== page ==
Mental Health Awareness Month: how doing things alone doesn’t mean you’re lonely

“You’re doing what?!” is probably the phrase I heard most during April 2014. I had just booked a trip to London I was very excited for and I couldn’t stop telling others about it. I was 21 years old at that time, I knew my way around London, why was everyone reacting like this? About thirty seconds into any conversation about the trip I realised why: I was going alone and people thought that was weird.

When you’re in your teens and early twenties, there’s this incredible pressure to do the most amazing things. Everyone keeps telling you the best time of your life is now, and somehow society collectively decided that you can only have the time of your life when you’re with other people. And don’t get me wrong, I like being around other people, but I also really like being alone.

In April 2014, I decided it was time for me to join that small group of people who seemed to have mastered the art of not caring about what others think. I booked the trip, proudly told others about it and in June, I packed my suitcase and got on the Eurostar. And it was one of the best decisions I ever made.

Of course, traveling alone has some downsides. Single hotel rooms are a lot more expensive and sitting in a restaurant by yourself is a bit weird for the first ten minutes, but that’s pretty much it. The pros massively outweigh the cons. You get to decide what you’re gonna do, where you’re gonna go and how you’re gonna get there (and most importantly, where you’re gonna get dinner) all the time.

Needless to say that after that trip, I got the hang of doing things alone. I went to the cinema on my own, took myself out for lunch when I was having a bad day, and attended concerts all by myself. Soon I realised one thing: nobody cares. Even if people notice you are alone – and I’m not sure they do – one of two things will happen. They either think “Woah is that girl here alone? That’s lame!” or “Woah is that girl here alone? That’s cool, you go girl!” and after those three seconds, they will go on with their life. No one is gonna come up to you and laugh in your face. Trust me.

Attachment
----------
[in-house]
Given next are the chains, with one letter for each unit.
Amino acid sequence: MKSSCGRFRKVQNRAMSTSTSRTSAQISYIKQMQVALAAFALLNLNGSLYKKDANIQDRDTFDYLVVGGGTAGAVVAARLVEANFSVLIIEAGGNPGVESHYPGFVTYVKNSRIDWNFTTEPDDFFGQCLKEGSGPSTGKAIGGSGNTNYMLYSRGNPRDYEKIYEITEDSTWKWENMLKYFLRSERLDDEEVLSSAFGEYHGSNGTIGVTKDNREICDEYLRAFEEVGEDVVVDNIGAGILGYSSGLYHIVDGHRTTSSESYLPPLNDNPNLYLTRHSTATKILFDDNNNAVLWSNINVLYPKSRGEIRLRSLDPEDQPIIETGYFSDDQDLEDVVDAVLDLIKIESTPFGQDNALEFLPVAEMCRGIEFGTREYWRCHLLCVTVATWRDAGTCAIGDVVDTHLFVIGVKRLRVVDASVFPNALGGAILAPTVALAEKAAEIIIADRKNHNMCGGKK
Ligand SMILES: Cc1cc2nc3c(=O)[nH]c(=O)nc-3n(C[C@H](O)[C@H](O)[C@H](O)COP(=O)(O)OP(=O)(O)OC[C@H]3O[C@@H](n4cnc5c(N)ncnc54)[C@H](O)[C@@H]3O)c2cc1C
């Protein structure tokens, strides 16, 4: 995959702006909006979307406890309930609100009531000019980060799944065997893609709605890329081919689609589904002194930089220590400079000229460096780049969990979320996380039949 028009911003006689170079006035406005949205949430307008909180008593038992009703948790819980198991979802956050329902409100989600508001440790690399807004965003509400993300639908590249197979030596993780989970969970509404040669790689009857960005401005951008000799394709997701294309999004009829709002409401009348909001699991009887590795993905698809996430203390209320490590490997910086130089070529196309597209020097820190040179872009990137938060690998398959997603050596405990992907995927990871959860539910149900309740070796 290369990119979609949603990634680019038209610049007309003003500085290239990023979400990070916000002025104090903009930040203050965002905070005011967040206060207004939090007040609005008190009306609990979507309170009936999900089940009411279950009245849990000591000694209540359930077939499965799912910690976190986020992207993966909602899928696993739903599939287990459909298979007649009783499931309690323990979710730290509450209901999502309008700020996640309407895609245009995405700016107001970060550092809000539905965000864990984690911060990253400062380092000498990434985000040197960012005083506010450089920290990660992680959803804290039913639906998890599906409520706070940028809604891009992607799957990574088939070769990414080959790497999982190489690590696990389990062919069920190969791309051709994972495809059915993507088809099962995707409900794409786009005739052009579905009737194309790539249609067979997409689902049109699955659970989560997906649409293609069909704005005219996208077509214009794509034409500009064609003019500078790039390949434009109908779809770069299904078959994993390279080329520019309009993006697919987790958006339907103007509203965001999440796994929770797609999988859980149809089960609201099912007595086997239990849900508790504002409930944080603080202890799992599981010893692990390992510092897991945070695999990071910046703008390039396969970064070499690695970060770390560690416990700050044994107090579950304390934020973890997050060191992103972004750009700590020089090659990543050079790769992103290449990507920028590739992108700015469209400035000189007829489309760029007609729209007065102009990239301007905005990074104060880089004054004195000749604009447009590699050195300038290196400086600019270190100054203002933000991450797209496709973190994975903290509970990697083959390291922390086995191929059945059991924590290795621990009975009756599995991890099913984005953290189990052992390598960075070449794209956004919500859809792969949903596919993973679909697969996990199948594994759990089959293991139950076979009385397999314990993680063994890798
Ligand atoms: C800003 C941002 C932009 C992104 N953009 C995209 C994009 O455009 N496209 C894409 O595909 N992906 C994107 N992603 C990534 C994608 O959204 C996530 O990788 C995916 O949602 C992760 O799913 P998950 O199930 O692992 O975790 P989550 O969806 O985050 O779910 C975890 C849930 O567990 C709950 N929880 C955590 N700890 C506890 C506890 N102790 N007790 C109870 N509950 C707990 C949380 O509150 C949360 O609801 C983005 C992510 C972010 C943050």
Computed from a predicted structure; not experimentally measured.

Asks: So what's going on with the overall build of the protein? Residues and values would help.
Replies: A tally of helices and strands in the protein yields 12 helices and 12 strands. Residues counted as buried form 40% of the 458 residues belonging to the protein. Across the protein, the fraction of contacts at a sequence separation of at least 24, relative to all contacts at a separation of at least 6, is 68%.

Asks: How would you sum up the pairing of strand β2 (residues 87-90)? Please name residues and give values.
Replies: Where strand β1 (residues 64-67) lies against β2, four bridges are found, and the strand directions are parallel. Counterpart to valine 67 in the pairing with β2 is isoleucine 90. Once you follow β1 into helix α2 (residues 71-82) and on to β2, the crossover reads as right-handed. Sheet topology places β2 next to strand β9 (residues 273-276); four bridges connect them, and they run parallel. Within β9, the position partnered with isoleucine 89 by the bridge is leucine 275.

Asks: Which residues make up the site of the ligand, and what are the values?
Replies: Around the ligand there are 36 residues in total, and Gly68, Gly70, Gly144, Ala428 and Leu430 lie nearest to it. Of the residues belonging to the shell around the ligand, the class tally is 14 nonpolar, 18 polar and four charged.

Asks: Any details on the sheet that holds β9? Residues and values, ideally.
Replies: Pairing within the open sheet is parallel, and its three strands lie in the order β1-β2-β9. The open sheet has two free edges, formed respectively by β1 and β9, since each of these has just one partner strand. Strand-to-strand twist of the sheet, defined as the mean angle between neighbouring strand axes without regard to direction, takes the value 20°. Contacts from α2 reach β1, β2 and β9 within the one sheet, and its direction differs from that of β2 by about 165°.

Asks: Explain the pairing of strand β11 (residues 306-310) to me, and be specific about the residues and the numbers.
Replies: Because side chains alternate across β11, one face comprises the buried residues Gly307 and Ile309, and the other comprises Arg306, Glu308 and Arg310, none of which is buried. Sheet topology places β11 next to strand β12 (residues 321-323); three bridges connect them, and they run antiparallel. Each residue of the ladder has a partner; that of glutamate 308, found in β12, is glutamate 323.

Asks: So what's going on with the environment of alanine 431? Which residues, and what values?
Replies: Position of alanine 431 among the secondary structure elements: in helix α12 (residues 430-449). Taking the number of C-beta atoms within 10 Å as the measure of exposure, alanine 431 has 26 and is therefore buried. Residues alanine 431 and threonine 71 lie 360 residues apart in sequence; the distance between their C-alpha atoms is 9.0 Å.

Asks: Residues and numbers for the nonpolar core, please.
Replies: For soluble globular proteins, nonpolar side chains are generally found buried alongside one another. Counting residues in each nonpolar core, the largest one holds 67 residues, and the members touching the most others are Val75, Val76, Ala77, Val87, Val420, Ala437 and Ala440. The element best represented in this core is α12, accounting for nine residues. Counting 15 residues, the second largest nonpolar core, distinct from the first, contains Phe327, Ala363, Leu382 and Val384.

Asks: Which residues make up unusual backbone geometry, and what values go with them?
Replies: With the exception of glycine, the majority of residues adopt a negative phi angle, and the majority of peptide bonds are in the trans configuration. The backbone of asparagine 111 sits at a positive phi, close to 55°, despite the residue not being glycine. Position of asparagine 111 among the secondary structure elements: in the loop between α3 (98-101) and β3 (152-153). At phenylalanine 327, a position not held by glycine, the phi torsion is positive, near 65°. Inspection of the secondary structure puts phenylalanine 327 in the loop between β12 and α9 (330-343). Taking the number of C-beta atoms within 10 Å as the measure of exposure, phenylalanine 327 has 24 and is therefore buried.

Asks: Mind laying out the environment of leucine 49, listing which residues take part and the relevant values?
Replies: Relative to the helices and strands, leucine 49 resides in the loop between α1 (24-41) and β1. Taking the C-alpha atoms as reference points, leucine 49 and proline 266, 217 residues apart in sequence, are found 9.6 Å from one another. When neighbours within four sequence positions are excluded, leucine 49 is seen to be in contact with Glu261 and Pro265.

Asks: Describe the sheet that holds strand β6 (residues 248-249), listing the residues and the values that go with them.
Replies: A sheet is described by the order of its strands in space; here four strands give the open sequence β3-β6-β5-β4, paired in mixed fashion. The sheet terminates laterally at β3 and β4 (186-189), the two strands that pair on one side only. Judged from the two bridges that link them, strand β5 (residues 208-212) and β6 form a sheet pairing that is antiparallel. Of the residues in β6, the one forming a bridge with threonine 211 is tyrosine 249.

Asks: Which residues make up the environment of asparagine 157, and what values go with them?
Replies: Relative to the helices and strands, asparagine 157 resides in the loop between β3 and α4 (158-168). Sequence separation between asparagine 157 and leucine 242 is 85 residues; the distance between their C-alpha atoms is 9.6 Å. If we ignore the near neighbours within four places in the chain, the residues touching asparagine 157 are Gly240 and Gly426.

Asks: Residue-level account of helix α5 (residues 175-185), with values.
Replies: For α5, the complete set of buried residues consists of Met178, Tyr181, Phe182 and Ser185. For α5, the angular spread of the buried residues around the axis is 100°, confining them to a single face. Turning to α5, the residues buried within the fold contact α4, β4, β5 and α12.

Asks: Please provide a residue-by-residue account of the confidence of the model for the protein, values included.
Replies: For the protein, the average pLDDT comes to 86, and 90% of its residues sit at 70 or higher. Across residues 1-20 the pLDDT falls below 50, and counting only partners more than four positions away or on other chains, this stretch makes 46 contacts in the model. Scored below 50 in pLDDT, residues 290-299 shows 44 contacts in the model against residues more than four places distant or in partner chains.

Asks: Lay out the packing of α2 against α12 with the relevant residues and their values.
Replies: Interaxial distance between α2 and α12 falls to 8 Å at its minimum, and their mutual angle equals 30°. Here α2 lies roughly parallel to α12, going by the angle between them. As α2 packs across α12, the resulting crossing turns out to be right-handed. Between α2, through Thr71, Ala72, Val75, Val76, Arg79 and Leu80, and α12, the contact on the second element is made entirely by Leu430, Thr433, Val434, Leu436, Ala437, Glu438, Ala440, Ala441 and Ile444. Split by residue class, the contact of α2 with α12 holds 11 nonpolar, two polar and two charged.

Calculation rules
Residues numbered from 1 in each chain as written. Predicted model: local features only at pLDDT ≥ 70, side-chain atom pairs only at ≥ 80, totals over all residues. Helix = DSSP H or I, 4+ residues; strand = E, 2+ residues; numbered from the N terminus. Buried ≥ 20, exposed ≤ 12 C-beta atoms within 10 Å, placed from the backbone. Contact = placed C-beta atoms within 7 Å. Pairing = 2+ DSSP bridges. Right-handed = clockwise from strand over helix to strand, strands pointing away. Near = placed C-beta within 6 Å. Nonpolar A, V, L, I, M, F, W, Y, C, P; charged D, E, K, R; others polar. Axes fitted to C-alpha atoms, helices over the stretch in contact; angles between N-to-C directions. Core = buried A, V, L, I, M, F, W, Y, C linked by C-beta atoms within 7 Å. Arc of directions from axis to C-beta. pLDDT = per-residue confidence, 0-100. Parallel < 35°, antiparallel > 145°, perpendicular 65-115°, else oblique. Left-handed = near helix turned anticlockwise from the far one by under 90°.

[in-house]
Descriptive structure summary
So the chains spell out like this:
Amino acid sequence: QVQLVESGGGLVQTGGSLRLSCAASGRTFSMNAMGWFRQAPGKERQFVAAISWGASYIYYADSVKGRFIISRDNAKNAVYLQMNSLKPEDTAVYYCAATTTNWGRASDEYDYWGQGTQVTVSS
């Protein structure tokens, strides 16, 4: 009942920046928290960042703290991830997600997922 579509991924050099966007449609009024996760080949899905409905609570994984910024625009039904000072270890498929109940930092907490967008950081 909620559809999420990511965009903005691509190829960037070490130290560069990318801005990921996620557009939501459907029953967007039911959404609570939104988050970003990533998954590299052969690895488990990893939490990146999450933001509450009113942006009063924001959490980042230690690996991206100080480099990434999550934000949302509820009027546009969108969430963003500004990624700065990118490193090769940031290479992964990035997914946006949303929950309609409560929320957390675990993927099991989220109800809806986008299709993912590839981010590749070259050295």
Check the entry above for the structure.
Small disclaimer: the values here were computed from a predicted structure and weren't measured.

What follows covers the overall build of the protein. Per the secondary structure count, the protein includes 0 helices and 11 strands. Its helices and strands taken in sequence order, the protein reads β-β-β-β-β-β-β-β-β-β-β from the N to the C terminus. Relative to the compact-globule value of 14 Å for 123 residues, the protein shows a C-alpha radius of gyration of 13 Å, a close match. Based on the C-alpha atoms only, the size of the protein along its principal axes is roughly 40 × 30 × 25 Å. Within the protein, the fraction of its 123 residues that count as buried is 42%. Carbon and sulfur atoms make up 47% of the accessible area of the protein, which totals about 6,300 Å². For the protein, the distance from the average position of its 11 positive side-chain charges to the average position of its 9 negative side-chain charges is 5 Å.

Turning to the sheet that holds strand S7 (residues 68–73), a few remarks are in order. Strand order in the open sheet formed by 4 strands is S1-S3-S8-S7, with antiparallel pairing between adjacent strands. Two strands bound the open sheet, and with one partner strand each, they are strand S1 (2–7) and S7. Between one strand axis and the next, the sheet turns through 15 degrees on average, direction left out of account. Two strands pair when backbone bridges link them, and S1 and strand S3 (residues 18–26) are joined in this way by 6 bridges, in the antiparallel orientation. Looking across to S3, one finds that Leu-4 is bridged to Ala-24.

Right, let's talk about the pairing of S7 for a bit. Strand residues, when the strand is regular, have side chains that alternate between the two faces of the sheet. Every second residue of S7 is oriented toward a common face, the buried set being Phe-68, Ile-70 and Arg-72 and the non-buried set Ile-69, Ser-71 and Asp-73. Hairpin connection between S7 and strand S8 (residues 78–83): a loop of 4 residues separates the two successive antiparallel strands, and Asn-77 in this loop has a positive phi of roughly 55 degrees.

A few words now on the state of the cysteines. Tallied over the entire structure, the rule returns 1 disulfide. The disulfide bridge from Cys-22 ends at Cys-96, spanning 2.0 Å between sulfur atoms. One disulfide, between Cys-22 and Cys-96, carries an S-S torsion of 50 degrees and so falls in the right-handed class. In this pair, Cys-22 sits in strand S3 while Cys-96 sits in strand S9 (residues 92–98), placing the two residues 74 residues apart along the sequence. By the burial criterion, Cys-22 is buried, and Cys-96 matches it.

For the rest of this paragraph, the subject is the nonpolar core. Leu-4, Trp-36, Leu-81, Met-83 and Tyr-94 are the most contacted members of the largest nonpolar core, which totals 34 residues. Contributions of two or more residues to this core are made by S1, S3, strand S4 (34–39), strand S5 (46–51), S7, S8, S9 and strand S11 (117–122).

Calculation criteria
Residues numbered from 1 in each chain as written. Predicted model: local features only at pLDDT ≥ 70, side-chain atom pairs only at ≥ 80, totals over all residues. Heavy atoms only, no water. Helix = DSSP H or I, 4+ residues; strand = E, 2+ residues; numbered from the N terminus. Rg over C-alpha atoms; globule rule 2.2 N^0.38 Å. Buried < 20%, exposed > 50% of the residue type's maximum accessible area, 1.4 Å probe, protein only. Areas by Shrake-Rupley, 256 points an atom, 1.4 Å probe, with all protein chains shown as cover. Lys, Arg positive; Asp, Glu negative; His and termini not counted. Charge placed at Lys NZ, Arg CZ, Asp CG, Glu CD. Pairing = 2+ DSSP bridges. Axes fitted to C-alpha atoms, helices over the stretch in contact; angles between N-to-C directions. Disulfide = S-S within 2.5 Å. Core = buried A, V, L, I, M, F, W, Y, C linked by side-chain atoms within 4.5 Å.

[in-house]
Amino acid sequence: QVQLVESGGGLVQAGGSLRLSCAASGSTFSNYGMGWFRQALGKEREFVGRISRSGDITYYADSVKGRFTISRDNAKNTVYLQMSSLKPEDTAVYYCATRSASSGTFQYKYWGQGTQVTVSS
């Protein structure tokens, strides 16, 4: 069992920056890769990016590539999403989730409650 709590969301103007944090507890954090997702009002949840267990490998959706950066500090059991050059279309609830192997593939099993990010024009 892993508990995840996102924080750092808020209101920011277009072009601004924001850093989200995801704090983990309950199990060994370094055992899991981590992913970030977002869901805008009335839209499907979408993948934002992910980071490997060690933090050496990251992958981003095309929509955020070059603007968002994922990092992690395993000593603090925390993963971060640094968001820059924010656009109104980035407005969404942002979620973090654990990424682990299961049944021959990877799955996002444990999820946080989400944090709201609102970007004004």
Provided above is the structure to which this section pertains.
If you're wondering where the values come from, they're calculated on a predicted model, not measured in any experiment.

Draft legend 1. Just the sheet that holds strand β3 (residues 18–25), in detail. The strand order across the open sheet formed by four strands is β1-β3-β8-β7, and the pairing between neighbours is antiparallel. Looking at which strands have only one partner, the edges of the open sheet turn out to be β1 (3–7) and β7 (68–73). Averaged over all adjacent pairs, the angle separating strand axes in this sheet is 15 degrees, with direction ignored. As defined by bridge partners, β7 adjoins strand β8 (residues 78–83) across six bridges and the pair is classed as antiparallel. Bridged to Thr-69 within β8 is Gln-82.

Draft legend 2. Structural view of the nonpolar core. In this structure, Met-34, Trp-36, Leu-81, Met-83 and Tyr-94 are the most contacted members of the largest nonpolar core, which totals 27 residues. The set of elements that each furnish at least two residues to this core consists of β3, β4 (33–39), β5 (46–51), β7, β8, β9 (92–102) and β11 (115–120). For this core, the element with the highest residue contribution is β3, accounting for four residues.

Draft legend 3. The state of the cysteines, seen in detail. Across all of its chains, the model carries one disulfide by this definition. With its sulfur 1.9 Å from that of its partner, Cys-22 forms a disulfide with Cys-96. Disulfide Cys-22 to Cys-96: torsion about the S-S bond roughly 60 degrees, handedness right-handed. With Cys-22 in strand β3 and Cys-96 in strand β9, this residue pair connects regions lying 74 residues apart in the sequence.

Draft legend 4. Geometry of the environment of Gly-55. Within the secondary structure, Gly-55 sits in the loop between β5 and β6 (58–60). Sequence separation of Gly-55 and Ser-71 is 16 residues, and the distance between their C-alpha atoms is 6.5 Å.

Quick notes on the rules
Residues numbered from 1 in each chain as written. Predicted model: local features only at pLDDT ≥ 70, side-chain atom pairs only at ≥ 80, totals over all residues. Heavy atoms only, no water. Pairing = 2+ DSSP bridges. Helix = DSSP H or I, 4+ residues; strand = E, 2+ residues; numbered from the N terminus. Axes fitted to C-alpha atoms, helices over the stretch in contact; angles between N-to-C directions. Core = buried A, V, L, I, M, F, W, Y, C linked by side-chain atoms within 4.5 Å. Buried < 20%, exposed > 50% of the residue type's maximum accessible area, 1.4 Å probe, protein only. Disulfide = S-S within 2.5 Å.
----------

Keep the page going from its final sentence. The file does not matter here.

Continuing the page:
All this doesn’t mean I don’t have any friends or that I’m incapable of social interaction. I love my friends and I like being around them, but I also find being with other people a lot more tiring than being alone. When I have spent a day at the office in the company of co-workers, I don’t want to hang out with my friends the same night. And there’s nothing wrong with that.

I’m not a big fan of cheesy quotes, but I once read one that said “Don’t forget to fall in love with yourself first” and I don’t think there’s a better way to do that than by being comfortable in your own company. That doesn’t mean I spend my time alone contemplating life and being all philosophic, but it does mean that being alone has taught me what I find important in life and what makes me happy. I feel a lot more at peace now than I did three years ago and I learned some valuable life lessons on the way (number 1: make sure your suitcase isn’t too heavy because there’s no one else to help you carry it).

How do you feel about doing things alone? Did we make you want to try it? Come talk to us over at @CelebMixCares, we’re open to all of your questions.

Written by CelebMix